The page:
I don’t know about you but I am OBSESSED with Taiwanese pork belly baos or gua bao! Whenever they’re on the menu, I always have to order them but with inflation at it’s peak, I’ve been making a conscious effort to cook more meals at home. I realized that many of my favorite restaurant foods can be made right in the comfort of my home, and even better!
The pork belly is braised in a rich and savory sauce until it’s tender and melts in your mouth. This gua bao is the perfect combination of salty, sweet, and spicy – and I promise you’ll be hooked after just one bite!
Soft and pillowy steamed baos are the foundation of this recipe and I think it’s worth the extra time and effort to make them from scratch. You can also make them in advance and keep them in the freezer which is what I usually do. Check out my Perfectly Steamed Bao Bun recipe to pair with this succulent pork belly!
If you’re looking to level up your bao or pork belly game, give this recipe a try!
Pork Belly Bao
- 6-8 steamed baos homemade or store-bought
- 1 lb skin-on pork belly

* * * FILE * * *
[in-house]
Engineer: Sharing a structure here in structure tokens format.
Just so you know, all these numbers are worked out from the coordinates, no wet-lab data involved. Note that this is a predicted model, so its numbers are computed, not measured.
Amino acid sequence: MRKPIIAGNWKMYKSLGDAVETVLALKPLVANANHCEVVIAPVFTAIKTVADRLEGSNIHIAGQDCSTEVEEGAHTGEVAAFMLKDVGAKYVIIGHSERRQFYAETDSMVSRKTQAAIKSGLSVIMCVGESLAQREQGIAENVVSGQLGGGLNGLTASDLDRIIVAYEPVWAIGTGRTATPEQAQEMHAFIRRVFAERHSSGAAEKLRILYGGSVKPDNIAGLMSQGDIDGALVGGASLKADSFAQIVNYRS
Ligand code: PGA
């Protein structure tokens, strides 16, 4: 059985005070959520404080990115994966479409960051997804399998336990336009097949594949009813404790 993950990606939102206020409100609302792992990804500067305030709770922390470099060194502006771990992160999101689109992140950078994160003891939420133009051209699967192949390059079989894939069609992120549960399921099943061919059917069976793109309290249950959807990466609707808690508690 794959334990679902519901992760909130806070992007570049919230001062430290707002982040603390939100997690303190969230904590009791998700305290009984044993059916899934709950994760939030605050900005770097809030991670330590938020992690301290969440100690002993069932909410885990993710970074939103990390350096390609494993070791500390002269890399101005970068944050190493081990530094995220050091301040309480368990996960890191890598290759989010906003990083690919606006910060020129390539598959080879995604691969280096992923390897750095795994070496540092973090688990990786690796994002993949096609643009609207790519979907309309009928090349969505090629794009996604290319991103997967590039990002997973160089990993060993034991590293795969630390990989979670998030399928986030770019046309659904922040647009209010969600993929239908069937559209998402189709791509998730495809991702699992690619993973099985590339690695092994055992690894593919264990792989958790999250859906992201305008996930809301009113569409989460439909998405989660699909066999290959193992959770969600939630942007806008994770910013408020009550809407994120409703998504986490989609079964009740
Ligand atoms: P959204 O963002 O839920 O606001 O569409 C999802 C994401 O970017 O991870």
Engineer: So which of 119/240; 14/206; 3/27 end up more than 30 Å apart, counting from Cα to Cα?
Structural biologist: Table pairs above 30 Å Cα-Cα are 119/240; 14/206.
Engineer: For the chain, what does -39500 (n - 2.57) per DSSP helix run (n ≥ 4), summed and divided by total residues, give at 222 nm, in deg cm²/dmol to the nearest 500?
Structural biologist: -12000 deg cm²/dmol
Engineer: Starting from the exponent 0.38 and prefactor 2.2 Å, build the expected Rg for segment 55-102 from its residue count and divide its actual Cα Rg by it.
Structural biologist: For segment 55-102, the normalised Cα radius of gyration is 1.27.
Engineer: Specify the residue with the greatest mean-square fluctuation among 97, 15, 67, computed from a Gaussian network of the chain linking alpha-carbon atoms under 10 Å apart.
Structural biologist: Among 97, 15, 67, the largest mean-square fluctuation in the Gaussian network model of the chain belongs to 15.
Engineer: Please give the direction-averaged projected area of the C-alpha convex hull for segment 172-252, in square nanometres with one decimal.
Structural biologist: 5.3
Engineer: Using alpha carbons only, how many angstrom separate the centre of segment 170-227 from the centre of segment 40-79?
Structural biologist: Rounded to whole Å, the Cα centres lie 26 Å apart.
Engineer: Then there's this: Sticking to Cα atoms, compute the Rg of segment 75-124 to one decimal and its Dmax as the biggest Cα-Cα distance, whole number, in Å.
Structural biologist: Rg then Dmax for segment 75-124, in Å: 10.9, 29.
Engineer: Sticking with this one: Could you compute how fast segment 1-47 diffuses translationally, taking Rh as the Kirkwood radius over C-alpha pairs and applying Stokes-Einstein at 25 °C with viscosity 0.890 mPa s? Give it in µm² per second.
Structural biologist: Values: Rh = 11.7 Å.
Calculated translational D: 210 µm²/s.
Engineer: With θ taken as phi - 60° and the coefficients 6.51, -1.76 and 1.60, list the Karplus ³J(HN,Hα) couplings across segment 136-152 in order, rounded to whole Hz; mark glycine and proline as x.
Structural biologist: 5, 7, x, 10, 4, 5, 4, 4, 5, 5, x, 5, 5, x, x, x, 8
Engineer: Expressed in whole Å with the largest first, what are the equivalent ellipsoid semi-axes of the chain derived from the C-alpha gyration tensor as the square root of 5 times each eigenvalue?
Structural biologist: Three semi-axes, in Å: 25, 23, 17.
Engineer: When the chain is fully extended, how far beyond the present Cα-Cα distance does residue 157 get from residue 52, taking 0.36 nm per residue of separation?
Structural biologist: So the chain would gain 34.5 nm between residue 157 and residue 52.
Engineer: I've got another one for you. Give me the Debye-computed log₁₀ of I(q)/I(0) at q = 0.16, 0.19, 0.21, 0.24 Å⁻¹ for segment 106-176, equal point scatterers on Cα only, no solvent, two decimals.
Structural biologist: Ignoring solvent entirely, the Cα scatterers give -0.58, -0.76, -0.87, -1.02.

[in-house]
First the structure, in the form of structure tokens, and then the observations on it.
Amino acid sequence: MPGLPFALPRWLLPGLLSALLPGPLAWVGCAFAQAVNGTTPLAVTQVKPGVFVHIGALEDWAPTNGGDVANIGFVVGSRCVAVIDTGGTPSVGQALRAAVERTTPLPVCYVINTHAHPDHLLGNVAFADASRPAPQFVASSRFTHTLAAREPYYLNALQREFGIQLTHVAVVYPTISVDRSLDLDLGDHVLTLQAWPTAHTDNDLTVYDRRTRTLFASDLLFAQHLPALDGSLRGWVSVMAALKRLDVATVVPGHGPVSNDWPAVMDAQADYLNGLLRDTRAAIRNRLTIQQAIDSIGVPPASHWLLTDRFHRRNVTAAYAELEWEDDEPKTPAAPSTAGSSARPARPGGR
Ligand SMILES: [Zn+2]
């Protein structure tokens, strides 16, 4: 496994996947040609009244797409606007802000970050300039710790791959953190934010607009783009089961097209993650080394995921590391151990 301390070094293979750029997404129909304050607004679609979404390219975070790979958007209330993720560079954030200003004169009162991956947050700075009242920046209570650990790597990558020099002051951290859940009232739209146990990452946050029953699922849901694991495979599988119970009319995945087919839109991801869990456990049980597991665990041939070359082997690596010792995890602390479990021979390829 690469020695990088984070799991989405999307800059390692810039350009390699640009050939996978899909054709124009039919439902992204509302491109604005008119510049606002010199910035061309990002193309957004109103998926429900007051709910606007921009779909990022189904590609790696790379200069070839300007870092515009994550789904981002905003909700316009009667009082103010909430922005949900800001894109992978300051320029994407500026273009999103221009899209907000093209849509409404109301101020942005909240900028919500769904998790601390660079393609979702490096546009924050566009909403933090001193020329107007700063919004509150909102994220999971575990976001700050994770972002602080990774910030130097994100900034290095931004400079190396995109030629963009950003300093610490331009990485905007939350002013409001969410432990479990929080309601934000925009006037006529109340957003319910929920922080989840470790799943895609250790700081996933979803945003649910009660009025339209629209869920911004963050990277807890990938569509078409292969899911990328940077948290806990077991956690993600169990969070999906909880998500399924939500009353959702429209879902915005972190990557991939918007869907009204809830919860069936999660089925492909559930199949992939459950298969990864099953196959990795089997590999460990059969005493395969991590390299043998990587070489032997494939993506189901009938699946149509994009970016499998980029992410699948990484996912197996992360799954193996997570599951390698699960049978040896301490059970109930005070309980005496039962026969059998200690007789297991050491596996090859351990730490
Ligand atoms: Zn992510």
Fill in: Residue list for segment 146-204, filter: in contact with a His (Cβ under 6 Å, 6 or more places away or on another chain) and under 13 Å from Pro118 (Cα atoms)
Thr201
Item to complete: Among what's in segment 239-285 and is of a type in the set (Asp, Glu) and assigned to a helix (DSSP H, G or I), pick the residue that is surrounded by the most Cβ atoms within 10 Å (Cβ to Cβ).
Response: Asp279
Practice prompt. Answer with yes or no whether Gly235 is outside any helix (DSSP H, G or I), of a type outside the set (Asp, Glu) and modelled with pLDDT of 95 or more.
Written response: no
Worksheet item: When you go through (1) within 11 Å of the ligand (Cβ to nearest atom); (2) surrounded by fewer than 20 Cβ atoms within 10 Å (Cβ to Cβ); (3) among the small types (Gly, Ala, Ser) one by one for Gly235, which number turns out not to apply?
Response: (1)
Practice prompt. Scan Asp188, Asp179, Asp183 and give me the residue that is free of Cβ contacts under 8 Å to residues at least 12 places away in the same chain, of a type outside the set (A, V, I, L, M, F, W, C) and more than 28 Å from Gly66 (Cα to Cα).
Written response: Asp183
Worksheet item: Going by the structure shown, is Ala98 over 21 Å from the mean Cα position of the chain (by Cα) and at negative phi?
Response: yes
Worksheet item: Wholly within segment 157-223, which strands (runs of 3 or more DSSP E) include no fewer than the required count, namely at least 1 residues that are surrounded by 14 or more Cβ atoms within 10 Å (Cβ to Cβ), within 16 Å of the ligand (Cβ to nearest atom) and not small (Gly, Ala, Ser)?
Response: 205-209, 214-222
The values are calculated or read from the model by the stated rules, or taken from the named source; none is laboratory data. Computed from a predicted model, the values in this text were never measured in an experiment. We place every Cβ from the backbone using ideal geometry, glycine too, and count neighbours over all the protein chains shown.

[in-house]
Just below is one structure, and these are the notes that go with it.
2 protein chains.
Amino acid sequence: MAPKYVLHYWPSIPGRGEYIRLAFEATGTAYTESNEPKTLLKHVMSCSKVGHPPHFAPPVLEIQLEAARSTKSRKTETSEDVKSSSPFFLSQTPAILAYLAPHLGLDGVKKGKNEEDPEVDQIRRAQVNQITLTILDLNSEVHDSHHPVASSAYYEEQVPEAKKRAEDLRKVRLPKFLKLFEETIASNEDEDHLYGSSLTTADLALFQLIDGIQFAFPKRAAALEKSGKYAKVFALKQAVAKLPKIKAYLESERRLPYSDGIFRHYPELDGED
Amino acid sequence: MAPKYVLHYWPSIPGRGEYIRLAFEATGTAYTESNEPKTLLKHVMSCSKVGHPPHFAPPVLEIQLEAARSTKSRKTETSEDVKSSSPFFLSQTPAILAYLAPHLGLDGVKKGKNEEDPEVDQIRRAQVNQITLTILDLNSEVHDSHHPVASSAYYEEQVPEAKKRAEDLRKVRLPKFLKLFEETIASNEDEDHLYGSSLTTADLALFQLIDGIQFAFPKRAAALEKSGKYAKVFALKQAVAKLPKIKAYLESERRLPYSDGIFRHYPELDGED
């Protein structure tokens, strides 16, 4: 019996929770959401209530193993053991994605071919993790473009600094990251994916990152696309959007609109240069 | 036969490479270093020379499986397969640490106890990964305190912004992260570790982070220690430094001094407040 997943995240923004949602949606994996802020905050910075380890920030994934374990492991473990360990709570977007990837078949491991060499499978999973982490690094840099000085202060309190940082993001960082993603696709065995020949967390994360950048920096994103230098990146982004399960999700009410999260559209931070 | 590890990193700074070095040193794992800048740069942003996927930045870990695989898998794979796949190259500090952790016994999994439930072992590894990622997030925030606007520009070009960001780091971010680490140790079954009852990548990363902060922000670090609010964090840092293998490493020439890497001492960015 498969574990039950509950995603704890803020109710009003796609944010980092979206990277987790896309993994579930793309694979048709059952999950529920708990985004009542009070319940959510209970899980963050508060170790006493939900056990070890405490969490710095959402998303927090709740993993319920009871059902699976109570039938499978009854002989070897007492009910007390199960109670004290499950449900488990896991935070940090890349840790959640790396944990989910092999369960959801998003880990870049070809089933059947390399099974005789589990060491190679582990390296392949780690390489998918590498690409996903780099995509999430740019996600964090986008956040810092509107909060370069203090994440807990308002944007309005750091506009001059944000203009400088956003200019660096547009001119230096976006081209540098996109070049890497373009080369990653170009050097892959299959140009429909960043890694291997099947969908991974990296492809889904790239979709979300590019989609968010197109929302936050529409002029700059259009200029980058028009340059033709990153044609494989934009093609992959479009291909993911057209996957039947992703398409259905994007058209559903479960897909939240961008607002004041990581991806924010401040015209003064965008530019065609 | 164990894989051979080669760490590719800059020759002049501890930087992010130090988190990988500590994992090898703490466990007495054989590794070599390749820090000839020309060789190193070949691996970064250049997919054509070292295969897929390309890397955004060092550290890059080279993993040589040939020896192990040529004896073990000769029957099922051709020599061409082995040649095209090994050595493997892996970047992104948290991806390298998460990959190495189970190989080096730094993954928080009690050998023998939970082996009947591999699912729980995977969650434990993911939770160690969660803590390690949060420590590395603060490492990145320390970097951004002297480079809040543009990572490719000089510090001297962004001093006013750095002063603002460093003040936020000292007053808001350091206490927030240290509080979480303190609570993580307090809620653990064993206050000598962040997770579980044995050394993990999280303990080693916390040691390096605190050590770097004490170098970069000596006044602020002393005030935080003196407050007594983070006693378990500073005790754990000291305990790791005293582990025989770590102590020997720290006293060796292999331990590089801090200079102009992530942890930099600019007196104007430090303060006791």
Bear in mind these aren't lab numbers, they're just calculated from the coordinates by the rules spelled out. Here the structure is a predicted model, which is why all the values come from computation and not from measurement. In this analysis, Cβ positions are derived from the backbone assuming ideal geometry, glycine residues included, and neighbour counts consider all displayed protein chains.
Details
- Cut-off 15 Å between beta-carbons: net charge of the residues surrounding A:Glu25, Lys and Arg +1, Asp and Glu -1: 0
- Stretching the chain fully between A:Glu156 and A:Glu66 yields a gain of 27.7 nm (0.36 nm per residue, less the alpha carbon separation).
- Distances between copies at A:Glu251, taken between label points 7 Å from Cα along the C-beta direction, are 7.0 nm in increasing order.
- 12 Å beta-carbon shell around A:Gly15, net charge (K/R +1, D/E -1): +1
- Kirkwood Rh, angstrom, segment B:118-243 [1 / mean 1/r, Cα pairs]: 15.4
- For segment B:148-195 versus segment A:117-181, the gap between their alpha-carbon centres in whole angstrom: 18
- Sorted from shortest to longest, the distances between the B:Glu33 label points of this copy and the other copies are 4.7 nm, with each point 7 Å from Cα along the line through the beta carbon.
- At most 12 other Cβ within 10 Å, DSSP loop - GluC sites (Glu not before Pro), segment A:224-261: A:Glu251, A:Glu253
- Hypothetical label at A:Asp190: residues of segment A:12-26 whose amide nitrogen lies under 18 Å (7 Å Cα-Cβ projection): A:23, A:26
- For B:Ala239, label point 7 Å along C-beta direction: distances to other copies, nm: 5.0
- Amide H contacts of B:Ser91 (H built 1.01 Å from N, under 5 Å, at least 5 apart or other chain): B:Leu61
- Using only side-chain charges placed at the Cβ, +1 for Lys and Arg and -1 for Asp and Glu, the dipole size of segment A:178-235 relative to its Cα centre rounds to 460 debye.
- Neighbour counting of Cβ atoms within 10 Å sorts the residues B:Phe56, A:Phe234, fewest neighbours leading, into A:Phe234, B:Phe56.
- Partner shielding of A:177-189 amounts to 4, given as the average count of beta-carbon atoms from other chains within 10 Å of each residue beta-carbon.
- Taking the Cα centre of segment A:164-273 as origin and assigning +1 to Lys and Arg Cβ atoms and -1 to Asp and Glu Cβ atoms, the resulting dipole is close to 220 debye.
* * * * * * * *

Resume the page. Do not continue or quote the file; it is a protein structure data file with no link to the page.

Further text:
- 1 tbsp oil
- 3 garlic cloves smashed
- 4 slices ginger
- 2 tbsp rock sugar
- 1 star anise
- 1 bay leaf
- 1/2 tsp Chinese five spice powder
- 1/2 tsp white pepper powder
- 3 tbsp Shaoxing wine
- 1 tbsp soy sauce
- 3 tbsp dark soy sauce
- 2 cups water
- Fresh cilantro
- Crushed roasted peanuts
- Sliced Thai chilis substitute with jalapeno or serrano pepper
- Cut the pork belly into 1-inch thick and 3 inch long pieces.
- In a large cast iron pot or dutch oven, heat oil over medium heat.
- Sear the pork belly in a single layer for 1-2 minutes on each side. Repeat for all pork belly pieces. Remove and set aside.
- In the same pot, toss in ginger and garlic and saute for 1-2 minutes until fragrant. To the pot, add water, rock sugar, star anise, bay leaf, Chinese five spice powder, white pepper powder, Shaoxing wine, soy sauce, and dark soy sauce. Add the pork belly pieces back into the pot.
- Bring to a boil then reduce to a low simmer. Cover the pot with a piece of parchment paper and lid. Simmer on low for one hour.
- After one hour, remove the lid and parchment paper and simmer for another 20-30 minutes or until the sauce has thickened into the consistency of warm honey. Flip the pork belly half way so both sides are evenly coated. Be sure to keep an eye on the pork belly to prevent it from burning.
- Prepare the steamed baos and set aside until ready to assemble.
- To assemble the bao, take a steamed bao and place cilantro on the bottom. Next, layer on a piece of the braised pork belly, a spoonful of braising sauce, more cilantro on top, crushed peanauts and a few slices of Thai chilis.